• CWAC Special Educational Needs and Inclusion Advisory Service.
  • Educational Psychology service
  • Physiotherapy
  • Speech and Language Therapy
  • Occupational Therapy
  • Child and Adolescence Mental Health Service (CAMHS)
  • Paediatric Services
  • School Nurse
  • Social Services
  • Autism Team
  • Sensory Service for children with visual or hearing need
  • Parent Partnership Service


If your child is seen by one of the above professionals, as a school we normally receive a report. 

How does my child contribute their views?

Children are routinely asked to reflect on their learning and share how they feel they are progressing during the course of their daily learning journey.

If your child has a statement or EHCP, their views will be sought before any pupil centered review meetings. These will be held at least once a year by Nicola Johnson or Sue Wilkins.

How does this school support the families of children with SEND?

The class teacher is regularly available to discuss your child’s progress or any concerns you may have and to share information about what is working well at home and school, so that similar strategies can be used.

  • The HOEP/SENCo is available to meet with you to discuss your child’s progress or any concerns/worries you may have.
  • Home learning will be adjusted as needed to your child’s individual requirements.
  • A home-school contact book may be used to support communication with you when this has been agreed to be useful for you and your child.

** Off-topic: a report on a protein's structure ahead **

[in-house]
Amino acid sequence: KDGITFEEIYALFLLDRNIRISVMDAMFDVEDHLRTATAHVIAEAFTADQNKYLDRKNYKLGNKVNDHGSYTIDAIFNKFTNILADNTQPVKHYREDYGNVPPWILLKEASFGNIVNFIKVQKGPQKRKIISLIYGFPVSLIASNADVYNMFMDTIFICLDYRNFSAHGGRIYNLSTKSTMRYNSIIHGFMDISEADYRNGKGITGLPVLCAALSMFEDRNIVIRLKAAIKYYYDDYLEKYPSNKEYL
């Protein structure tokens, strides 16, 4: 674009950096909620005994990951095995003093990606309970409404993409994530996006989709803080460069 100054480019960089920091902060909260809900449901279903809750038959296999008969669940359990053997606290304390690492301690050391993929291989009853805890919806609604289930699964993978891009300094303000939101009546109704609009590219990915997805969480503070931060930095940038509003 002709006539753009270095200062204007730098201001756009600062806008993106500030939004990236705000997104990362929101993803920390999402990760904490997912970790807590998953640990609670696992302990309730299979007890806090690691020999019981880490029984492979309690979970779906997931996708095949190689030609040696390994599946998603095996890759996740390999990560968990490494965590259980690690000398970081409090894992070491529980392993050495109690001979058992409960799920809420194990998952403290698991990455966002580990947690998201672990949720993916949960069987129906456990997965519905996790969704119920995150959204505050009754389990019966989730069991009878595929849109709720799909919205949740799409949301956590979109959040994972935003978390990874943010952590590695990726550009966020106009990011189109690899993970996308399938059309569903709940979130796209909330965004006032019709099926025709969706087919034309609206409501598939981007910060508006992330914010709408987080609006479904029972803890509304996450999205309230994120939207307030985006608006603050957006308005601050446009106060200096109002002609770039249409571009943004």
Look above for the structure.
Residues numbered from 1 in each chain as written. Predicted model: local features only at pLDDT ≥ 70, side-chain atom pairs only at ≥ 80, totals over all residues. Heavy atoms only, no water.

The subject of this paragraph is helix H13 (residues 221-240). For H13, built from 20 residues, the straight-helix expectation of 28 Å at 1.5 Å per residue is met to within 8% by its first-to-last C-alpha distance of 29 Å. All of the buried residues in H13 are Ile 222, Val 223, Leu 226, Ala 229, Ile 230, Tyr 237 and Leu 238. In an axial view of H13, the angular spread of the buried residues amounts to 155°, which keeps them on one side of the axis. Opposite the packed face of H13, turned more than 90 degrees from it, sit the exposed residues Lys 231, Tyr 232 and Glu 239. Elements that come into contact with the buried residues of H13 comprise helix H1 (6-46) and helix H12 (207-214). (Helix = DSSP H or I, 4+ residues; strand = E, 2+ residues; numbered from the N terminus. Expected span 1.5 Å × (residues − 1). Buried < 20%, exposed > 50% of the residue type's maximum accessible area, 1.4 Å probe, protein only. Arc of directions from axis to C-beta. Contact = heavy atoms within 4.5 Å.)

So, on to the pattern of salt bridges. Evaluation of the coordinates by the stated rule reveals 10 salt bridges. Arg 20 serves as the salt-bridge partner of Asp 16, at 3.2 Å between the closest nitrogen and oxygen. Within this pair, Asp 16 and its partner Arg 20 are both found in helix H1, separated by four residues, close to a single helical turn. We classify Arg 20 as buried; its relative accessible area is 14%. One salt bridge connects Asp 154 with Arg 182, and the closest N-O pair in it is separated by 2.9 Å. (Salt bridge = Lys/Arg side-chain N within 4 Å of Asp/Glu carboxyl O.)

• Our learning mentor (Mrs Plested) is available if you feel you need support.


How accessible is this school for children with SEND?

The Arches is a mainstream primary school on two levels. As a school we are happy to discuss any individual access requirements your child may have prior to starting. The facilities we have at present include:-

  • A lift
  • Ramps into the school
  • A toilet adapted for disabled users
  • Wide opening doors in corridors


How does this school support the emotional wellbeing of pupils?

We recognise that some children have additional emotional and social needs that need to be developed and nurtured. We are a very nurturing school and recognise all behaviour is a type of communication. These needs can manifest themselves in a number of ways, including behavioural difficulties, anxiousness, and being uncommunicative.  The emotional wellbeing of all pupils is fundamental to the ethos of The Arches.  Each classroom has a worry box and utilizes techniques such as circle time.  It is regularly communicated to all pupils who they can go to if something is concerning them and that The Arches is a ‘telling school’.  The school features a number of quiet areas where children can talk about any worries they may have with an adult, an aquarium for relaxation and extensive grounds to ‘let off steam’.  We have a full time Family Support worker trained in therapies such as CAF cards and drawing and talking (Mrs Julie Pleasted).

What support is there for behaviour, avoiding exclusion and increasing attendance?